Recent indications that the owners of St. Joseph’s Hospital in downtown St. Paul may be considering major changes, including its possible closure, have prompted concerns among community members and caregivers.
Fairview Health Services, the health system that owns the hospital, is losing tens of millions of dollars and looking to cut costs systemwide. Late last week, it announced cuts at its Bethesda Hospital location in St. Paul.
St. Joseph's Hospital, where a lot of mental health care and substance use disorder care takes place, is Minnesota’s oldest hospital. Some who work in the field are worried that it could be next in line for cuts.
"I think it's unfortunate because I think St. Joe's serves a lot of people," said Ashlee Herget, who works for Minnesota Recovery Connection, visiting patients in chemical dependency crisis.
On her way out of St. Joseph’s recently, she said she's heard rumors about a possible closure of the hospital. She said St. Joseph’s, which employs more than 2,300 people, is uniquely focused on connecting patients with outside resources that can help them stay well when they leave the hospital.
"I feel like they kind of go above and beyond to ensure that the patients are living their best possible life after discharge," she said.
At a food truck outside the hospital, a St. Joseph's employee said she and her colleagues would like to know what's going on, but said she couldn’t elaborate because she's not authorized to speak with reporters.
James Hereford, CEO of Fairview Health Services, said he doesn't yet know what changes will come to St. Joseph’s. But he added: "Our commitment to St. Paul is absolute."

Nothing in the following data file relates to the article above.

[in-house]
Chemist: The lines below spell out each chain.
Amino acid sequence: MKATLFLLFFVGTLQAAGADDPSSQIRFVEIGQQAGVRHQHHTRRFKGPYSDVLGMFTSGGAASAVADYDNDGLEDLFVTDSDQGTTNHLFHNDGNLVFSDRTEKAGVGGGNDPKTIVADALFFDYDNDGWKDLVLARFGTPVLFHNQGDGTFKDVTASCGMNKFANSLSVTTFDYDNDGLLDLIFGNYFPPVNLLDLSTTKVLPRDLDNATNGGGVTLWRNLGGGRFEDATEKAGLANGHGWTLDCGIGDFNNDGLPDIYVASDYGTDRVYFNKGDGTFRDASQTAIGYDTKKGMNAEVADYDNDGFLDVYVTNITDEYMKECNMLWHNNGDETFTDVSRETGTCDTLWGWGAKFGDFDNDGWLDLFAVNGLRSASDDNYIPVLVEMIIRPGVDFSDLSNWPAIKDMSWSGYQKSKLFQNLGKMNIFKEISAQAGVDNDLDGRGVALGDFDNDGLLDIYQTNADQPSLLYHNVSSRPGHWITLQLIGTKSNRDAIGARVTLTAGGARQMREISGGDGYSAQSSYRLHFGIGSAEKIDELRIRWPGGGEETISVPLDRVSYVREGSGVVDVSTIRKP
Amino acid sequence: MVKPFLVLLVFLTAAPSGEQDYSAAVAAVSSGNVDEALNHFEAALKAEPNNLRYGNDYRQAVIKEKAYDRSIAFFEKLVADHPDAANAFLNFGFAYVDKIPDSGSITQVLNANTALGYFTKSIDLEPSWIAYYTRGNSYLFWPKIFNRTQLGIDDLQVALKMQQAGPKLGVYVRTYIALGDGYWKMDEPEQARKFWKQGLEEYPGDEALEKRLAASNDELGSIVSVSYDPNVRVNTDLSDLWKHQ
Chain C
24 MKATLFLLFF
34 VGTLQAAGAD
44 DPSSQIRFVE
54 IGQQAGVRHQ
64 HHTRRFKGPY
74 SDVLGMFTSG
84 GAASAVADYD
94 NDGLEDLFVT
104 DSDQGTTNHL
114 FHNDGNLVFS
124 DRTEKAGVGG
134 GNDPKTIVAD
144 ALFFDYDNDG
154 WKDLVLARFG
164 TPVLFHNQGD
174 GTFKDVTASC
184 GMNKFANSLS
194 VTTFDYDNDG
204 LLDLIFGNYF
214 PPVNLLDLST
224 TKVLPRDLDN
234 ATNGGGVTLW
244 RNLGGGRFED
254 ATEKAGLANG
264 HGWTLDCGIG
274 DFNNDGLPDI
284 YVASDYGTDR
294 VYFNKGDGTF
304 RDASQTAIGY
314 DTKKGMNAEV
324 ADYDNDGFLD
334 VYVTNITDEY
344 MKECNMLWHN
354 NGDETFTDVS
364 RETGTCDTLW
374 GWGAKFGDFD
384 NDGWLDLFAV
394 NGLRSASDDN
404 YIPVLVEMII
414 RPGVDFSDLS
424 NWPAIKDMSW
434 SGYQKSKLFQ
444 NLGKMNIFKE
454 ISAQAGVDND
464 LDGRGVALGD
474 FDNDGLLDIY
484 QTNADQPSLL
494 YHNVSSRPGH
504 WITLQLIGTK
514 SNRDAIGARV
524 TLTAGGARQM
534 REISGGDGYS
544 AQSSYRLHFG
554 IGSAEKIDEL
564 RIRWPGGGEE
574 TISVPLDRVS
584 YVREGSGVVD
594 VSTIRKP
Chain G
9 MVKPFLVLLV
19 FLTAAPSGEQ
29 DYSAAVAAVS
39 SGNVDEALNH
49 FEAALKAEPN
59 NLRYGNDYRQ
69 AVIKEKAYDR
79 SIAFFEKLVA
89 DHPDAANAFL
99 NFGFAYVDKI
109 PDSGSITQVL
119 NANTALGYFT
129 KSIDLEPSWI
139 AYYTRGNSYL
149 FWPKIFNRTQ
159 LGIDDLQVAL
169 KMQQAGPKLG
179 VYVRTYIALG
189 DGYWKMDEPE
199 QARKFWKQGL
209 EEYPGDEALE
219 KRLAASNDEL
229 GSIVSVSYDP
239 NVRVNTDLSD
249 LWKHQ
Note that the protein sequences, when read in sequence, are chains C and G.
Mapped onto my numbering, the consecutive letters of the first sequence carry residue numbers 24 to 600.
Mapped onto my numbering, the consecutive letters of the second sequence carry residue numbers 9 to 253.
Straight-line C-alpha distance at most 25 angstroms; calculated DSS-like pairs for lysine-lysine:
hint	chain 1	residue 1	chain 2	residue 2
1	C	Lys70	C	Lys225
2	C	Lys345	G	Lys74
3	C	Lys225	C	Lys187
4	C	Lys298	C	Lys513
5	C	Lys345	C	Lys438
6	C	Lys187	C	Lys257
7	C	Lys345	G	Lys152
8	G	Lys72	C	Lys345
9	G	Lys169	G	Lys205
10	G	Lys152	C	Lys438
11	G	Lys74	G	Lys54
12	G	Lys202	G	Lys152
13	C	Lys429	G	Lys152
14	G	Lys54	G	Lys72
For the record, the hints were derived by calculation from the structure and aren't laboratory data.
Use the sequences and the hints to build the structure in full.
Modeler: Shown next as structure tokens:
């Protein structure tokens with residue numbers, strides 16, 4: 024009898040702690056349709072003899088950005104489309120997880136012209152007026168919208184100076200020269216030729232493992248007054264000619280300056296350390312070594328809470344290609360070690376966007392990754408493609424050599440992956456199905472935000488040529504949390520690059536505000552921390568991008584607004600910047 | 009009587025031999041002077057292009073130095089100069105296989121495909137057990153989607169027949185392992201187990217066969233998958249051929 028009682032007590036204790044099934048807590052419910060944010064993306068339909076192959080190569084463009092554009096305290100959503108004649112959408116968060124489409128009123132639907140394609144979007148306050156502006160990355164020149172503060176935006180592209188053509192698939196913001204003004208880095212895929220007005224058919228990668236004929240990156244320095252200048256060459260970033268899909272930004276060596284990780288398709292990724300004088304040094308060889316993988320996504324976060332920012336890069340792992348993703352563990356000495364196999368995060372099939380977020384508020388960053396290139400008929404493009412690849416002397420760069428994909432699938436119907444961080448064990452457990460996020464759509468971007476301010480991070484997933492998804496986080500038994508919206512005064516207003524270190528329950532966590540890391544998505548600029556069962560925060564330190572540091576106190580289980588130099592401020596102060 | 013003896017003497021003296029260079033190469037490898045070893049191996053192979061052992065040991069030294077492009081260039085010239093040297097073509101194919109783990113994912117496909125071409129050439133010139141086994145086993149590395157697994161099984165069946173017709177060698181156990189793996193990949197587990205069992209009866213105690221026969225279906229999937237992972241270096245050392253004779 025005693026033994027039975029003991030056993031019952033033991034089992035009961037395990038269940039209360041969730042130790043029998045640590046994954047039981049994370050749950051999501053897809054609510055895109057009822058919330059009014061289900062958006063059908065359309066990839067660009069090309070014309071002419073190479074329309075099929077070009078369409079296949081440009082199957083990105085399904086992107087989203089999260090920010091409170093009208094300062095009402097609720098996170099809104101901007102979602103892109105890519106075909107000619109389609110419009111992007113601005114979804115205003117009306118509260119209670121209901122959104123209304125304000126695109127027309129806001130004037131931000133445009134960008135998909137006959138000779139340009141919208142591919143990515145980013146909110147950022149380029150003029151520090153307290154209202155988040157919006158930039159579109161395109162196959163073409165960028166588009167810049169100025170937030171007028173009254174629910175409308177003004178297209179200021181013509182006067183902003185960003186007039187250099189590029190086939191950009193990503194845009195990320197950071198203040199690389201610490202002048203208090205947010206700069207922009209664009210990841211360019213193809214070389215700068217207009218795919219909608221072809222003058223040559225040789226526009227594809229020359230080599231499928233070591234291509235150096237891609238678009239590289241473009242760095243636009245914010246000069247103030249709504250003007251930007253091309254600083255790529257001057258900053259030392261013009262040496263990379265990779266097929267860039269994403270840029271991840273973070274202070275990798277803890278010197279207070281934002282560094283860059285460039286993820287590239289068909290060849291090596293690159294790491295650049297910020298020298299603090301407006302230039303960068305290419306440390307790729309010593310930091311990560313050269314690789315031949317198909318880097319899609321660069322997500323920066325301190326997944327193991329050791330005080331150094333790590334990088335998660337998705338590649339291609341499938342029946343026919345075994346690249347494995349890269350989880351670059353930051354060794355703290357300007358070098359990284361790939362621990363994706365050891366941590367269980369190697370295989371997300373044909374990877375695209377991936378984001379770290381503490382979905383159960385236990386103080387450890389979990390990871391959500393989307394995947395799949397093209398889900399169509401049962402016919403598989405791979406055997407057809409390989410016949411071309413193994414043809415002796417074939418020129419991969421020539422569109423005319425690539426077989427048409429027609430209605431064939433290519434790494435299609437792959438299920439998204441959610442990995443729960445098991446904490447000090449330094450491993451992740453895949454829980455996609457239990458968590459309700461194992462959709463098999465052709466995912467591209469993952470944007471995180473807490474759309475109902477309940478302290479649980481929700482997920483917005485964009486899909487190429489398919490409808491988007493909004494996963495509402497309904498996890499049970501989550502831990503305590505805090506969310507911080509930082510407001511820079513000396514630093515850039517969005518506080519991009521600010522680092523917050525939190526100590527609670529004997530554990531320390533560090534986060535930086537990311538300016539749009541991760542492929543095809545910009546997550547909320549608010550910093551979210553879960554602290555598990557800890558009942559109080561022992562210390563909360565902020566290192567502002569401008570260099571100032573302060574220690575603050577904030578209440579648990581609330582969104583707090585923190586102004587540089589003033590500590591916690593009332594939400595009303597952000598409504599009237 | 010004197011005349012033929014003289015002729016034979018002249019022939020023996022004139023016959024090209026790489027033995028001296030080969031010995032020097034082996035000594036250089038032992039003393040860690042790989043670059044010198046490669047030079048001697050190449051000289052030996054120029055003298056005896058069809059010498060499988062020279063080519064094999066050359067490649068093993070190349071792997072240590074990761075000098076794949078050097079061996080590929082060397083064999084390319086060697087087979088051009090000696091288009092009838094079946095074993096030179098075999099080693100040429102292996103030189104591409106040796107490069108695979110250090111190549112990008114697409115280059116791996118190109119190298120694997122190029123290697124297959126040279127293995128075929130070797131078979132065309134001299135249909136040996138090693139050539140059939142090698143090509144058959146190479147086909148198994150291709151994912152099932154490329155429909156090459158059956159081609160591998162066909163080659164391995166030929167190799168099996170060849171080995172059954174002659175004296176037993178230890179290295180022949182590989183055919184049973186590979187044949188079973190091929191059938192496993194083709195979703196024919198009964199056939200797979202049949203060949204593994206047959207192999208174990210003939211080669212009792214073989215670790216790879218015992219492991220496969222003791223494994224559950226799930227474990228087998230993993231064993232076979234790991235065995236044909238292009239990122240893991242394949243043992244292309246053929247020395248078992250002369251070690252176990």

Hereford said that the health system is facing an $80 million net loss this year and that administrators are looking at numerous options systemwide to address the shortfall. He said the goal is to deliver needed care as efficiently as possible.
And he offered this assurance:
"We want to make sure that we're not simply closing the facility or changing the facility. What we're really committed to doing is making sure we're meeting the clinical and broader health needs of the city of St. Paul."
Hereford said Fairview is the largest provider of addiction and mental health services in Minnesota. St. Joseph's has more than 100 beds dedicated to mental health patients.
The prospect of losing even one of those beds alarms Sue Abderholden, executive director of the National Alliance on Mental Illness Minnesota.
"We don't have enough intensive resources, and so for the board to close down or even consider closing down this many beds for our system, it's just not OK,” she said. “It's really going to hurt people."
Adberholden said that for Fairview to cuts services at St. Joseph’s would be to go against its stated mission.
"This definitely would contradict their mission, their values and even their most recent community health needs assessment," she said.
Hereford disagreed. "It would be incorrect to state that we are walking away from those goals," he said. "There's been so much speculation. I'm just hoping the message comes through that we aren't walking away from St. Paul."
Hereford said he hopes to have a restructuring framework in place by early next year. He said no changes will be made without community input.